I get your point, Troy. The two incidents happened in two completely different environments. Please remember I started this thread asking not telling and I'd like to hear the input of people on the scene rather than in a newsroom, live from New York.

    We in the midwest simply don't know. I have never lived with the effects of an oilspill but I did live through the ailwive infestation and dieoff in the great lakes so I do know what it's like to have a shoreline you cannot come within a half a mile of without a gasmask. LOL

    I agree this has been a golden opportunitee for the journalists as is most national news. Sadly journalism is a tool of politics and business rather than stating the facts. It's "Tell them what they want to hear" news reporting.

    Who am I suggesting is the media in cooperation with? Whomever is paying their saleries. We are much more likely to see the news brought to us by BP/Amaco than by the Sierra Club and it's not in the best interest of an editor to do a disclosure against his benefactor. And this is certainly not exclusive to the oil industry. It just seems to be happening so fast with little attention to learning from the mistakes.
     
  11. hoytedow
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    hoytedow Carbon Based Life Form

    Don't trust the Sierra Club either.
     
  12. Paul No Boat
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    Paul No Boat Junior Member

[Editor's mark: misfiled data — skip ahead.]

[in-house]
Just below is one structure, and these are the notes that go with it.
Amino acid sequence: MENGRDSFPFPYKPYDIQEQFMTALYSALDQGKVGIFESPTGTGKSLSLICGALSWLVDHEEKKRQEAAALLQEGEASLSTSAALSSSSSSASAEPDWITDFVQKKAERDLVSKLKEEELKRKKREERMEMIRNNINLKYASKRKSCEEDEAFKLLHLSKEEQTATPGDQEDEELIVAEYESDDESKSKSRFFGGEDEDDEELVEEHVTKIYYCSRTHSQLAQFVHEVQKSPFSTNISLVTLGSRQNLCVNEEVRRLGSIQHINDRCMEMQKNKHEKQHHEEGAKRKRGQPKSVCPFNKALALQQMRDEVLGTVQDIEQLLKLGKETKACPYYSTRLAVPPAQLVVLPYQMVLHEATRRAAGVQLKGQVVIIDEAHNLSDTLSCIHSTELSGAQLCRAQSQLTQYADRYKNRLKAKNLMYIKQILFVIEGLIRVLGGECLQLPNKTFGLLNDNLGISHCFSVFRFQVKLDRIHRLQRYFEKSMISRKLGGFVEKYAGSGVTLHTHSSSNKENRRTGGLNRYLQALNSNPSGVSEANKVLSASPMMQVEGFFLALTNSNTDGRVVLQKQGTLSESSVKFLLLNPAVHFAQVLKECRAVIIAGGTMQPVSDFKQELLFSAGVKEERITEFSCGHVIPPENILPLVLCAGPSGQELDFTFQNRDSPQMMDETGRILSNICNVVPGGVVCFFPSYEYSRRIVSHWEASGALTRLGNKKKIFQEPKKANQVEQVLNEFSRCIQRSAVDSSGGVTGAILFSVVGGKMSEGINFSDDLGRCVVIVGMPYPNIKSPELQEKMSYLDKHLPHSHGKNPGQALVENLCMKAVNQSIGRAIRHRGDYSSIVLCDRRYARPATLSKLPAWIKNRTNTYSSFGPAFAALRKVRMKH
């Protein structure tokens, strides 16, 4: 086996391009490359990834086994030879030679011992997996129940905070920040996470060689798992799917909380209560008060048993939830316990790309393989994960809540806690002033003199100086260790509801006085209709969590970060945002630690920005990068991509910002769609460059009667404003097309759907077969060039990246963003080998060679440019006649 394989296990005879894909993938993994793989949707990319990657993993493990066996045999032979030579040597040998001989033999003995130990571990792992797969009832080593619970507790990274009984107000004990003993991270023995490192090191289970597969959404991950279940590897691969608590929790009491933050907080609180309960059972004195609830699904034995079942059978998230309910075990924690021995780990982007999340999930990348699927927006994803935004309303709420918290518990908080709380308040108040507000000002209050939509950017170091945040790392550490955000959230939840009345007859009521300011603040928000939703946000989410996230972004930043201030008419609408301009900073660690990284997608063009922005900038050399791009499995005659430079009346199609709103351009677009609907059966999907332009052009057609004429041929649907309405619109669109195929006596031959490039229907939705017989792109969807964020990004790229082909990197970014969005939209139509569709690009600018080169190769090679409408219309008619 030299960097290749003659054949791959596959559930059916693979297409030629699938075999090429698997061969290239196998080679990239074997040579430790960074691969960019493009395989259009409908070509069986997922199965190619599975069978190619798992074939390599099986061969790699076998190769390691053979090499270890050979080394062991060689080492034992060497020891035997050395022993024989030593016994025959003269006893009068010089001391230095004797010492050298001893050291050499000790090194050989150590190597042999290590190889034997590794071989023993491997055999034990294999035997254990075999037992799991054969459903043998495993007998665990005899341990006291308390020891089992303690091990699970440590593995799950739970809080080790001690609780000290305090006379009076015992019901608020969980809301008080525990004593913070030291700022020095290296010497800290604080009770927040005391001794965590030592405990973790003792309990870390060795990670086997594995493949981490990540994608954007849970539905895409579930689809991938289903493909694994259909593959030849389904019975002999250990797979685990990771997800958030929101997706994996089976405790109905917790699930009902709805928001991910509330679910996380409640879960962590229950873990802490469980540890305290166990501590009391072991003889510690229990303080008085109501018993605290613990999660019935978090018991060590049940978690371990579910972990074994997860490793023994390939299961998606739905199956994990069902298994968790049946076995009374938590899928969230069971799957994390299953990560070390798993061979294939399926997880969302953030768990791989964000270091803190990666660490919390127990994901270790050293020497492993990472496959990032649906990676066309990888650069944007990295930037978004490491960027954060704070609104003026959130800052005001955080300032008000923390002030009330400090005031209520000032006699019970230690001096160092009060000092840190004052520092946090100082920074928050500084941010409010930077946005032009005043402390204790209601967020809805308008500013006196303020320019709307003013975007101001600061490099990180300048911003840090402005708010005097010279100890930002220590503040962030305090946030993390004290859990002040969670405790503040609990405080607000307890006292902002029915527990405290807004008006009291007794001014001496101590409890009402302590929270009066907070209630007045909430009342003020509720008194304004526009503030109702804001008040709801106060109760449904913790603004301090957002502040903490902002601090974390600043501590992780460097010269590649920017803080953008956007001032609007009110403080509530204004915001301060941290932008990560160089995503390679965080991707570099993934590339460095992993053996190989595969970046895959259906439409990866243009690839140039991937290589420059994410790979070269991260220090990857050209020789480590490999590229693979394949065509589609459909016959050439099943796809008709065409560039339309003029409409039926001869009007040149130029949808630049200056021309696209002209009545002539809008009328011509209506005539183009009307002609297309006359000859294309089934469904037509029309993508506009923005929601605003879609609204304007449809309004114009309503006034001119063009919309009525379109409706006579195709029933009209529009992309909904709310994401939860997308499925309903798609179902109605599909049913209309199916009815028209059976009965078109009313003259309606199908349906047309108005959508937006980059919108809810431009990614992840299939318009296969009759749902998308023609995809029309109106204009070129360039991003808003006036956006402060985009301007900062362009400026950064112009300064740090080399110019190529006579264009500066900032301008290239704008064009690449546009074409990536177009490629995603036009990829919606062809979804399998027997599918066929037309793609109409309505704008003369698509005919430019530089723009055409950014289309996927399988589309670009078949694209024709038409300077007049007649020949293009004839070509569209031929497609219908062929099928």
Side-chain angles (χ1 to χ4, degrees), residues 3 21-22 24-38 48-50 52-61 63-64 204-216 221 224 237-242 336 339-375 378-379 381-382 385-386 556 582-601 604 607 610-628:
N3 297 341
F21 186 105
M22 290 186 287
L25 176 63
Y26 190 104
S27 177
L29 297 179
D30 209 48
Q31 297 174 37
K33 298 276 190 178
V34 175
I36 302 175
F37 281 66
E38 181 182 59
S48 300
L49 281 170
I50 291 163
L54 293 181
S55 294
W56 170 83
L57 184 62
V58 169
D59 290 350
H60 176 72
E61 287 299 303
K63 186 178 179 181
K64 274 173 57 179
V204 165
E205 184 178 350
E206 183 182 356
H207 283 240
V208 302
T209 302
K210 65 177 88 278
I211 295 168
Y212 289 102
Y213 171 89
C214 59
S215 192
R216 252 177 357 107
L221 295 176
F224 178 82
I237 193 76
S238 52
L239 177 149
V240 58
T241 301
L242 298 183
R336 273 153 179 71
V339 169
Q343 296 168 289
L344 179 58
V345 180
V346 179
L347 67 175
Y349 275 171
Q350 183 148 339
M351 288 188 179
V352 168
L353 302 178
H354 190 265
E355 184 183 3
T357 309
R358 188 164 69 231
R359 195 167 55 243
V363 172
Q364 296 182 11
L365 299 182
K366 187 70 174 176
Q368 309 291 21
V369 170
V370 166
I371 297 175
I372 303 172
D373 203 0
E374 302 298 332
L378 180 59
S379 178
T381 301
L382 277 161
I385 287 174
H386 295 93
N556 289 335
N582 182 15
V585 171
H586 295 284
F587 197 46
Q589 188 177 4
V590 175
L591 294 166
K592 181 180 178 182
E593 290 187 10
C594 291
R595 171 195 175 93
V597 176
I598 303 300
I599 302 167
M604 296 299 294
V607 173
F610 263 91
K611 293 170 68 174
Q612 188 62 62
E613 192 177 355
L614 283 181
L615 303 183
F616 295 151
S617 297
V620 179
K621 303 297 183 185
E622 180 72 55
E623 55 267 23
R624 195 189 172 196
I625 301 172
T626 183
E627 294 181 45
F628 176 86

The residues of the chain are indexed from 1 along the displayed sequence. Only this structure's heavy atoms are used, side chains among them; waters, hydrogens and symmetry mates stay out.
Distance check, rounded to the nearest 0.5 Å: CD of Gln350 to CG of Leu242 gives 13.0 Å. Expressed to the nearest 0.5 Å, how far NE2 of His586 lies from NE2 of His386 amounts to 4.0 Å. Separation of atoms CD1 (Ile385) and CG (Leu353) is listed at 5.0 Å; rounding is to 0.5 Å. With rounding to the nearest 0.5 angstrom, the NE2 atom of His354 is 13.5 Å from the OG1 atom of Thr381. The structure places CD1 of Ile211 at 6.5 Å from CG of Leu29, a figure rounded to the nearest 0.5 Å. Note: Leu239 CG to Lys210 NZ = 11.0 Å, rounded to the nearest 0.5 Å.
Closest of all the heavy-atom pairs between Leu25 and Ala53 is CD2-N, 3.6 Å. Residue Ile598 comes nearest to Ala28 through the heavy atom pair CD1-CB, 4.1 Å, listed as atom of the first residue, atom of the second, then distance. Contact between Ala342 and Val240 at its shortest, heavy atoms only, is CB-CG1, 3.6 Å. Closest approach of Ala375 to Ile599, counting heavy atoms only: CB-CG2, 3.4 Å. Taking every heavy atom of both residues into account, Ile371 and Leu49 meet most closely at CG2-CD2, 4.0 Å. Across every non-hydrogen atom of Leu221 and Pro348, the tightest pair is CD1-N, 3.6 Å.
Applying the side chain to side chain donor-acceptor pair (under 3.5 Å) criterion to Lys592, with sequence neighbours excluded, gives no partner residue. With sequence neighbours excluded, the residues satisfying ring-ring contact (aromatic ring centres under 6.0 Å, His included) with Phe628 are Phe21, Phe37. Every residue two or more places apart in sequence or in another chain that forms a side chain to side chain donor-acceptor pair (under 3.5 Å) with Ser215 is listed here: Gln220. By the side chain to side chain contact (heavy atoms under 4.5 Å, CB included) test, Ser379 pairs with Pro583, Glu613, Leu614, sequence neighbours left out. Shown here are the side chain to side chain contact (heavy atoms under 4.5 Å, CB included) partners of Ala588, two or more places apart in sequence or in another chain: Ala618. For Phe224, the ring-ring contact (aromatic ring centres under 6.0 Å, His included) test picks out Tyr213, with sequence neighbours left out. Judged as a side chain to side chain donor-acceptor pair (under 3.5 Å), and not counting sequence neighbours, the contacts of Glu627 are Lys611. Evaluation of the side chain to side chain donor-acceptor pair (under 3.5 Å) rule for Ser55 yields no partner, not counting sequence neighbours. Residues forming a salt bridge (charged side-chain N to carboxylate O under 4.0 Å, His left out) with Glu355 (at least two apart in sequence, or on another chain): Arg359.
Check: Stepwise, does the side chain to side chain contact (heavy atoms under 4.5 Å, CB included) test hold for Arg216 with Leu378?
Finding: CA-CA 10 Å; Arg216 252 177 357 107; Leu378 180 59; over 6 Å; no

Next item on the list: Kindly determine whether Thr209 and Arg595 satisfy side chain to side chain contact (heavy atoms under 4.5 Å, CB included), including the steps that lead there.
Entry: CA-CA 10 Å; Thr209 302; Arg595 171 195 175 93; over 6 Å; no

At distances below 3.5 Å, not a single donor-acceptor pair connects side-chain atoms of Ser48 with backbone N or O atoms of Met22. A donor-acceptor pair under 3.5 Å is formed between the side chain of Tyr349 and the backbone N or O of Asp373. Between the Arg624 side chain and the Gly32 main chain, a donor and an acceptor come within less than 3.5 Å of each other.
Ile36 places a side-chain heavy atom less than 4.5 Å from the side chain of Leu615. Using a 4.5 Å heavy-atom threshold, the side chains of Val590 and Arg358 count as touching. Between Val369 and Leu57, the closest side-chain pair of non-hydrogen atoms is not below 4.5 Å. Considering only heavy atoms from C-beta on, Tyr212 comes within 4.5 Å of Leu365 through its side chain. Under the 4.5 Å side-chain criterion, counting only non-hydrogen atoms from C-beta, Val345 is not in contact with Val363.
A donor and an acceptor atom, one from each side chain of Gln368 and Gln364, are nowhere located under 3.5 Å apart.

I hear ya on that too, Hoyt. The National Arborday Foundation wants to give me a free gift worth 5 dollars for my 10 dollar donation. hmmm??
     
  13. hoytedow
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    hoytedow Carbon Based Life Form

    Take your $10 and plant your own tree and they don't get the shade. You do. Have you ever seen any trees actually planted by any of these groups, before, during or after?
     
  14. Paul No Boat
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    Paul No Boat Junior Member

    Well, Hoyt in fairness to them. Someone made a donation in my honor once and I was sent a packet of Rose of Sharon Shoots. And they have all done very well. I have a beautiful hedge growing against my garage now. But to answer your question, No I have not seen anyone from that group do any reforestation projects. I did however do some volunteer work at the Morton Arboretum in Illinois. It was the estate of Joy Morton 1855-1934. He was America's first secretary of agriculture, Founder of Morton Salt and the Founder of the National Arbor Day Foundation. A time when Industry and Politics had integrety.

    So maybe that was a bad example to use. But my point is that internal politics and opportunism abound on both sides. And the side with the most money usually wins.

    History is written by the winners. LOL
     

  15. troy2000
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    troy2000 Senior Member

    I don't think the news is brought to us by BP/Amoco; it's rather an odd thing to say. Can you give some examples of how mainstream news outlets have been slanting stories or broadcasts in favor of British Petroleum?